Quenelles are a sort of French dumpling which I always used to avoid because they looked too difficult to make, but this foolproof recipe is easy and guaranteed to impress. For a less spicy taste, just serve in a clear chicken broth with the spinach and a splash of lemon.
For the Quenelles
- 350g (12 oz) par-smoked trout fillets, skinned and chilled
- 100g (3½ oz) sliced smoked salmon, chilled
- 1 large egg, chilled
- 150ml (5 fl oz) double cream, chilled
- 100ml (4 fl oz) dry vermouth
For the Thai Curry Broth
- 1 tablespoon coriander seeds
- 1½ teaspoons whole cumin seeds
- 4 shallots, quartered
- 4 medium garlic cloves, chopped
- 2 small green chillies, chopped (with seeds if you like it hot!)
- the fat parts of 3 lemongrass stalks, roughly chopped
- 3.75cm (1½ inch) piece of ginger, chopped
- 8 spring onions, trimmed and chopped
- large pinch ground turmeric
- 2 tablespoons olive oil
- about 4 tablespoons fresh lime juice
- zest of 1 lime
- 1.5 litres (3 pints) decent vegetable stock
- 100g (3 - 4 oz) young spinach leaves, finely shredded
- 1 red chilli, chopped for garnish
- salt and freshly ground black pepper
- Roughly chop up the fish and put into a food processor with the egg, cream and a good pinch of pepper and process in bursts until very smooth. Scrape into a bowl, cover and chill for an hour or so (longer is best) to allow mix to set.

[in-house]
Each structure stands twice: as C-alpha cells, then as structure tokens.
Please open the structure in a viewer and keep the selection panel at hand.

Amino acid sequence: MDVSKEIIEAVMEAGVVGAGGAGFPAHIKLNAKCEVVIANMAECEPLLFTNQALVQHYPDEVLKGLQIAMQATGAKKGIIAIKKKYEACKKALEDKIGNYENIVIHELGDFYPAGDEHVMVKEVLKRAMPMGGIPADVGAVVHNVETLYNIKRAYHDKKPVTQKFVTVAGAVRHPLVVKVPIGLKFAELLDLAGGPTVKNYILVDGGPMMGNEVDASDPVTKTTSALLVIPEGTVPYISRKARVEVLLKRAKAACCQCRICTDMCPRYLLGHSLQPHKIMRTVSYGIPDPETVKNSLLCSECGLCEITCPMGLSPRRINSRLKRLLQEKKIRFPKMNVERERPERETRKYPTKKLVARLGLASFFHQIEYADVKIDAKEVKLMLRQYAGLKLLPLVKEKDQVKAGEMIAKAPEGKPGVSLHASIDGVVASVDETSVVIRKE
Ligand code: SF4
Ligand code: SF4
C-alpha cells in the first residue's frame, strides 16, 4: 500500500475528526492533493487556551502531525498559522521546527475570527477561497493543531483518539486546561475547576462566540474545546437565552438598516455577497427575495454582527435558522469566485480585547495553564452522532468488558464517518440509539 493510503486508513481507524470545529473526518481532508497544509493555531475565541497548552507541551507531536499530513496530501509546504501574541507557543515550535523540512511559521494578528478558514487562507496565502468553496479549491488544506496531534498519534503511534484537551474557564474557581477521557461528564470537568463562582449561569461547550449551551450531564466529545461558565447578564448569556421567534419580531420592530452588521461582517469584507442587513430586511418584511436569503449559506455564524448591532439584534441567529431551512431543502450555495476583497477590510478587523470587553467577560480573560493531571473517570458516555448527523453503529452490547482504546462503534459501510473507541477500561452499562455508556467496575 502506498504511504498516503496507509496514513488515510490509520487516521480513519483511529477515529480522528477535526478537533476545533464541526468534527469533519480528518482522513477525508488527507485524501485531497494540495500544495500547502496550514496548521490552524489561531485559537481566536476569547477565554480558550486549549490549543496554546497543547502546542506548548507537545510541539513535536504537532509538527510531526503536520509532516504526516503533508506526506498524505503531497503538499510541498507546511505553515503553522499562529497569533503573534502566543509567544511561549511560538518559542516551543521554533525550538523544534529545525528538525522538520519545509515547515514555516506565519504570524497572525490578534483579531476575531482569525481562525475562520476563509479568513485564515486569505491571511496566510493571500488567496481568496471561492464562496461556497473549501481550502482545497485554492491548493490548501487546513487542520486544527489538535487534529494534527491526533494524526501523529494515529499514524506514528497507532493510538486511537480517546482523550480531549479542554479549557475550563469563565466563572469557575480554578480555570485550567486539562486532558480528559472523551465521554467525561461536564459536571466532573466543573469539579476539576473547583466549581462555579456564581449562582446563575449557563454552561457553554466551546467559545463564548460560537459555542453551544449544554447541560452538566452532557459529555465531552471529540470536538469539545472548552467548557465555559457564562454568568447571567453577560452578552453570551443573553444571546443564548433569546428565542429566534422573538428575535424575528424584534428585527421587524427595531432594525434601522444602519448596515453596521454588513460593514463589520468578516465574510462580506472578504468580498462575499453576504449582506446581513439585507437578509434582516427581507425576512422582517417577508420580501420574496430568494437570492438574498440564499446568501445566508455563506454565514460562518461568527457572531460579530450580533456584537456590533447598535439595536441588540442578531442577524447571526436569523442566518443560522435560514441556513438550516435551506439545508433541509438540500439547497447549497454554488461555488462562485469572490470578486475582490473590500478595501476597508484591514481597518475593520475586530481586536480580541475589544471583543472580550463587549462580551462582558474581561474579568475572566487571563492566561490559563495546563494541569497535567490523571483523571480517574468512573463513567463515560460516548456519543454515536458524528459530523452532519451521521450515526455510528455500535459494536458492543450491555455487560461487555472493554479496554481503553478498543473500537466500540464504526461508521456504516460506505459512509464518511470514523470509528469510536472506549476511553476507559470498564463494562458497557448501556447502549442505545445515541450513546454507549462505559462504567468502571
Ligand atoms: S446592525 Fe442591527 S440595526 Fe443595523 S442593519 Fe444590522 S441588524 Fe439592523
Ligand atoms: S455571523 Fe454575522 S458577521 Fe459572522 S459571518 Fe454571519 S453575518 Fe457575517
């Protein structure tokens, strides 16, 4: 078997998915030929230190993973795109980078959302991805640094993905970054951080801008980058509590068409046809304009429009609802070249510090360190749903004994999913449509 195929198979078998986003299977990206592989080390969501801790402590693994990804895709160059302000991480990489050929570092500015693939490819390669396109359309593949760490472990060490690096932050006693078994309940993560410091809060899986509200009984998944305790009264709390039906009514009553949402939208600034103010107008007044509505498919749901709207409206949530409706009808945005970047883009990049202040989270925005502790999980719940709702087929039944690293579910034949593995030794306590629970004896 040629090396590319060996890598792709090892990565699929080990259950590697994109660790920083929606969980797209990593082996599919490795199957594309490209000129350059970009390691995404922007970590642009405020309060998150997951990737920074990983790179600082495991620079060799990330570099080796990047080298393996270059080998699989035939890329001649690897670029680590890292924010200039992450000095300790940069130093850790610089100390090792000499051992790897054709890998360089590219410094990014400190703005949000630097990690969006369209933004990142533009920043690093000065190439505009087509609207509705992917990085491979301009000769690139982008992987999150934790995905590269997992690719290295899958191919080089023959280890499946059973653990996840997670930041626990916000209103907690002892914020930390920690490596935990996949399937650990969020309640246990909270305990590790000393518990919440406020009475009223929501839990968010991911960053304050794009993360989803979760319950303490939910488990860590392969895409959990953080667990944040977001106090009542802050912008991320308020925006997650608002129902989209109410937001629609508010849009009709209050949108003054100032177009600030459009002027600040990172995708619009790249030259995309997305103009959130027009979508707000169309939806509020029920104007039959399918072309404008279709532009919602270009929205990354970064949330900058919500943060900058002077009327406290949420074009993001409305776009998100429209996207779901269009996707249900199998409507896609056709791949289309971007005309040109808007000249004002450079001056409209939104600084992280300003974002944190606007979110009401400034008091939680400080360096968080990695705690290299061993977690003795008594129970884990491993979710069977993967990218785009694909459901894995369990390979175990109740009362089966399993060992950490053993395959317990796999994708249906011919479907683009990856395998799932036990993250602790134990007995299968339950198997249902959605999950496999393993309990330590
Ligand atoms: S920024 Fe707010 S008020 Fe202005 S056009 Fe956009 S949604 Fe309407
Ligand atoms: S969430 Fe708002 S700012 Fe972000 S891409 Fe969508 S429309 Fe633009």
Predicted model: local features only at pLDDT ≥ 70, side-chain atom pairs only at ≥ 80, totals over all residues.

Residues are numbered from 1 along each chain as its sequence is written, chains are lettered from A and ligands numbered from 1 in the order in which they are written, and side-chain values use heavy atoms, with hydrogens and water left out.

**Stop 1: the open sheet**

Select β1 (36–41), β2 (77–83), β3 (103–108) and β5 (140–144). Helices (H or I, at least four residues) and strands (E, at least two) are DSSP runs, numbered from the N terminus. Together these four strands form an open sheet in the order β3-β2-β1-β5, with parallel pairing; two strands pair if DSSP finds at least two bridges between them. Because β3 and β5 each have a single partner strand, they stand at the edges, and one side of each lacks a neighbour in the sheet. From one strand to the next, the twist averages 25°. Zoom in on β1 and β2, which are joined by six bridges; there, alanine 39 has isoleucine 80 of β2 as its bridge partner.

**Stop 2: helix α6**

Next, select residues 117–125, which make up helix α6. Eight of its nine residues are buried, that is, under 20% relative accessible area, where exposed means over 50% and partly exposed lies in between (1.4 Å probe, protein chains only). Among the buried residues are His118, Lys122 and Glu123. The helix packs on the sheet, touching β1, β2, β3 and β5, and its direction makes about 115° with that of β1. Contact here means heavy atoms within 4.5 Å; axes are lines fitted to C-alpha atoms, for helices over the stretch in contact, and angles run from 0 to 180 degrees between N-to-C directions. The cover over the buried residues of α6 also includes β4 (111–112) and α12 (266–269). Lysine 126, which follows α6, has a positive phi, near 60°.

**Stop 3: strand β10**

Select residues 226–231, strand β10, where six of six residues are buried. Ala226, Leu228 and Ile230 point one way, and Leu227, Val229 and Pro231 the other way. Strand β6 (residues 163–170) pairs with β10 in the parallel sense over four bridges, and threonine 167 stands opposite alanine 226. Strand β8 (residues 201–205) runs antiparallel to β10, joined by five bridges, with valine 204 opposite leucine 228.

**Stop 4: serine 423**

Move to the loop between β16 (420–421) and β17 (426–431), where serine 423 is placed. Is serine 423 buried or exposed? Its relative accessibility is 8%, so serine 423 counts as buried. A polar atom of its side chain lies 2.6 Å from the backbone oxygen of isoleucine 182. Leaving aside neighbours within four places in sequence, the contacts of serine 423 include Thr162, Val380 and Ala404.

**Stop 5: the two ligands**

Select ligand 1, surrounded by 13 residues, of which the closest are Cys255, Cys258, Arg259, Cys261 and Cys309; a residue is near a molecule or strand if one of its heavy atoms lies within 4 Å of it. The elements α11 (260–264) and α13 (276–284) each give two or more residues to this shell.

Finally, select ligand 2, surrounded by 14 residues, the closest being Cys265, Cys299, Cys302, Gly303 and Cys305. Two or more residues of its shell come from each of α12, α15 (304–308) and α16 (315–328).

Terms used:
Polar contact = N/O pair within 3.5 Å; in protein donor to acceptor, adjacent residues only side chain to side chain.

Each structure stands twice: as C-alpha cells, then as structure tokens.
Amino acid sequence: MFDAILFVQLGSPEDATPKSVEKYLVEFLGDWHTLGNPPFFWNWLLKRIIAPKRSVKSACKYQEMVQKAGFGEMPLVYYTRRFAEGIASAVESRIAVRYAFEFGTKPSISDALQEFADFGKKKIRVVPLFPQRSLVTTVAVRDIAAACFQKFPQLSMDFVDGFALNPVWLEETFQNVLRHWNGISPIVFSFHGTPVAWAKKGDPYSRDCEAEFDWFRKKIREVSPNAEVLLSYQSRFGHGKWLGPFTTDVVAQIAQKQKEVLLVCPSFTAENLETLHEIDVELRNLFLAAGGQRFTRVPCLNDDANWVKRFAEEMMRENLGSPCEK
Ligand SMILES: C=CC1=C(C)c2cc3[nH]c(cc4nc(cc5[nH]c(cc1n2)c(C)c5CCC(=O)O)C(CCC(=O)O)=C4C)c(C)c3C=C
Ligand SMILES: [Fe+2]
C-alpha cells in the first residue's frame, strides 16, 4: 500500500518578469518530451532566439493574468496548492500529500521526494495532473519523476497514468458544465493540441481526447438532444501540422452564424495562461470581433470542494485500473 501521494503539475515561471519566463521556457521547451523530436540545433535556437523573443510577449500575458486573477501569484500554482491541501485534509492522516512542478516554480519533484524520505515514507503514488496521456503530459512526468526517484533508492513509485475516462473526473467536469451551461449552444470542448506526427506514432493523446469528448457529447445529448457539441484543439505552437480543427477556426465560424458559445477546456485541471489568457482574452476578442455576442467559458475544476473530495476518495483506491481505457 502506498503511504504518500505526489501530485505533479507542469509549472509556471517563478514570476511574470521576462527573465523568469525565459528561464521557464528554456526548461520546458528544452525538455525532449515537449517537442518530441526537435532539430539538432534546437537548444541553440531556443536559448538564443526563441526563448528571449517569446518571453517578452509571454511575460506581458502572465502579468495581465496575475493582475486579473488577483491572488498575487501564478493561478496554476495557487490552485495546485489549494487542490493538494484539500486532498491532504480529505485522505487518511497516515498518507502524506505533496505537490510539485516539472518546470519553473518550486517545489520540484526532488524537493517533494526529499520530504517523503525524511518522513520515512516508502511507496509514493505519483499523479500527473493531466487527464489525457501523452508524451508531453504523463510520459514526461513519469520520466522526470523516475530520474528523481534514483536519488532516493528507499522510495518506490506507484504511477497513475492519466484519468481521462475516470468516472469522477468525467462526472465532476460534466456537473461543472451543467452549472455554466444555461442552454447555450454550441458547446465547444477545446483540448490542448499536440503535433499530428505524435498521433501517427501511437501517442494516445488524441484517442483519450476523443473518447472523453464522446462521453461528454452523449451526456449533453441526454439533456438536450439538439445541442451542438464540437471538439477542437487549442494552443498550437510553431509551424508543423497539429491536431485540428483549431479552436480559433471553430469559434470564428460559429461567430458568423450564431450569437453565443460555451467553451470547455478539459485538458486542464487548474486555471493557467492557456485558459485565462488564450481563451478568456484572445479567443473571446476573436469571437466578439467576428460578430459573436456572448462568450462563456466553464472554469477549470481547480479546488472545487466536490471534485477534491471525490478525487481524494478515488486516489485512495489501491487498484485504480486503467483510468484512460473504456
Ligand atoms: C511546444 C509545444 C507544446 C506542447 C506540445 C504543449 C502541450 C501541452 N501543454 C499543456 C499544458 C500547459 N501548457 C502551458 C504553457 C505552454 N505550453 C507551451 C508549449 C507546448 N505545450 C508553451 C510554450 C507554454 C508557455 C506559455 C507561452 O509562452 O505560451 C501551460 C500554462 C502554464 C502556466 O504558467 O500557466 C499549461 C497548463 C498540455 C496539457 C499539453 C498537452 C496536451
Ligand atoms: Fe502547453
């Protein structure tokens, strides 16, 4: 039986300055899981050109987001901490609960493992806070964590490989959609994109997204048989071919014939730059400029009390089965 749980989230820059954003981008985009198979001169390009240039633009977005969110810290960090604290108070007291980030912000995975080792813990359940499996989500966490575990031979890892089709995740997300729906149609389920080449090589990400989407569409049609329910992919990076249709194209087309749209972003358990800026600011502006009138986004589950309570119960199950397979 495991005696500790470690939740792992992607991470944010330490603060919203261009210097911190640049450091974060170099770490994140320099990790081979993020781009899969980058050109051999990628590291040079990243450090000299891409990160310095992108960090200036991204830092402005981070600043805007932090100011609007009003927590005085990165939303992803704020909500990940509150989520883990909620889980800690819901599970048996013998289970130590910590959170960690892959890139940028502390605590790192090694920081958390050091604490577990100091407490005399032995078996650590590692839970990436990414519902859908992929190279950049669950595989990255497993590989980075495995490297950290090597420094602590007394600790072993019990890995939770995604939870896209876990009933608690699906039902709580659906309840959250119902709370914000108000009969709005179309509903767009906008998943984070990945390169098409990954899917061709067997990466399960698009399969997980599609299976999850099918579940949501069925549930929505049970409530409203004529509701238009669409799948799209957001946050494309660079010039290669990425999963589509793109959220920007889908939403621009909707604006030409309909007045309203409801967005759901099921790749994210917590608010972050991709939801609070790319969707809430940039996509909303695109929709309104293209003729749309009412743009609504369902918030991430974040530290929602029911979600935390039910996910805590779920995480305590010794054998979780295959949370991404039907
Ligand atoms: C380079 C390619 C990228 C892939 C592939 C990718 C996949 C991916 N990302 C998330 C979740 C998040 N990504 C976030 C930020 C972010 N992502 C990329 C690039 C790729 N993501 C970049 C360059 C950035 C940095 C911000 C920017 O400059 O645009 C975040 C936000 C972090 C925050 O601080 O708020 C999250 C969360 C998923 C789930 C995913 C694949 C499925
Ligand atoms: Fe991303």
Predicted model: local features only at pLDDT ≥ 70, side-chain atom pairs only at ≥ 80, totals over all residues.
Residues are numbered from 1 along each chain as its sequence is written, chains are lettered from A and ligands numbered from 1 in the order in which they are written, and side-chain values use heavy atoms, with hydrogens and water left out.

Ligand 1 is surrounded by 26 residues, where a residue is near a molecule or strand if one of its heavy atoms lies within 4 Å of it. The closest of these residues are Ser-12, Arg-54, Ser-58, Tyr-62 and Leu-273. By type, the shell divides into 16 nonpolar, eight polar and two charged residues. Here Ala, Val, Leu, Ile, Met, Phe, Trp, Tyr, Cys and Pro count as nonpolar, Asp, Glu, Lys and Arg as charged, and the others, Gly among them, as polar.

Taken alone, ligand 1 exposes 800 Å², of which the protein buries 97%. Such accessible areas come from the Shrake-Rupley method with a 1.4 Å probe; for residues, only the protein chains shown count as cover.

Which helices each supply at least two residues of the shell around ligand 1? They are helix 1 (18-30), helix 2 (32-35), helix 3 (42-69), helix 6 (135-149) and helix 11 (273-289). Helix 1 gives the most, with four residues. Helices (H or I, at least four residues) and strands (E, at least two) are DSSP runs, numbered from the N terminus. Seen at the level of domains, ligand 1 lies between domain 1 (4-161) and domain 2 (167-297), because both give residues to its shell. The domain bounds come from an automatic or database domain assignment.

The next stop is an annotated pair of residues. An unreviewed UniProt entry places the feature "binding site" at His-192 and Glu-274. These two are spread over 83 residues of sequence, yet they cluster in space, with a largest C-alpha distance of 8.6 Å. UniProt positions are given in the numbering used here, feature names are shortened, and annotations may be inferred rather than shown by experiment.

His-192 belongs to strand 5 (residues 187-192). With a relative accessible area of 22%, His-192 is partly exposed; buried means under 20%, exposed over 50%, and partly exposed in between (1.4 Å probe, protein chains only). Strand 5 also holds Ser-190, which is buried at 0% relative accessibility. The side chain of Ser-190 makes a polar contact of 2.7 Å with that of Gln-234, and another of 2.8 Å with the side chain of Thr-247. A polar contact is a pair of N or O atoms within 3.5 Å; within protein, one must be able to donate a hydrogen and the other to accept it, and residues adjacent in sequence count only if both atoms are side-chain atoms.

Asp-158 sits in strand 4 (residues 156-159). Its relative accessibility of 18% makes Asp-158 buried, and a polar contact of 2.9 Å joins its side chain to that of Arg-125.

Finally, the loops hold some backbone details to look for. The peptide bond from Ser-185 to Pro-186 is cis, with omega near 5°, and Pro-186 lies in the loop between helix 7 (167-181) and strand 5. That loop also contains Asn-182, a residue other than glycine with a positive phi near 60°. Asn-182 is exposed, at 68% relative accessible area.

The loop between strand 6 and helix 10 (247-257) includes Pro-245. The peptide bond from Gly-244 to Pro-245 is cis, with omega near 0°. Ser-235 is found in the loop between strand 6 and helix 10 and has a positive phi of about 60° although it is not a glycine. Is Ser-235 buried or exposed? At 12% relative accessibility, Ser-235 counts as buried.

- Next, crush the coriander and cumin seeds a bit with a rolling pin. Put the shallots, garlic, chilllies, lemongrass, ginger, spring onions and turmeric into a food processor, process until a rough paste and put to one side. Heat the oil in a large saucepan over a medium heat, stir in the crushed spices, and toast for 30 seconds until smelling good. Add the paste, stir well, then add the lime juice and zest. Cook gently for about 5 minutes or so until everything is soft but not browned, and the oil begins to separate.
- Stir in the stock and bring to a simmer. Simmer for a few minutes, then taste or seasoning, adding more salt if necessary. If the broth is too strong, you can add a dash of water, or more lime juice until it tastes good to you. Pour through a strainer into a saucepan, pressing on the solids to get all the liquid out. Discard the solids. Set the broth aside.
- Now cook the quenelles. Fill a shallow wide sauté pan with cold water and add the vermouth, peppercorns, and a good pinch of salt. Boil for 2 minutes then turn down the heat to a very gentle simmer - the water should just tremble or the quenelles will disintegrate. Using two dessertspoons dipped in cold water, shape the well-chilled salmon mix into oval quenelle shapes and slide each one into the pan. Once the pan is full but not overcrowded (8 or 9), poach for about 8 minutes, turning them over halfway through. They should be firm enough to hold their shape. When cooked, lift out and drain on a clean tea towel. Repeat with the remaining mixture - you should have 12-18 quenelles in total.
- To serve, reheat the broth until boiling, stir in the shredded spinach then ladle into warm soup plates, adding 3 quenelles to each bowl. Garnish with some chopped red chilli.
- The quenelles can be made up to 2 days in advance and refrigerated, then reheated for 30 seconds on High on the microwave.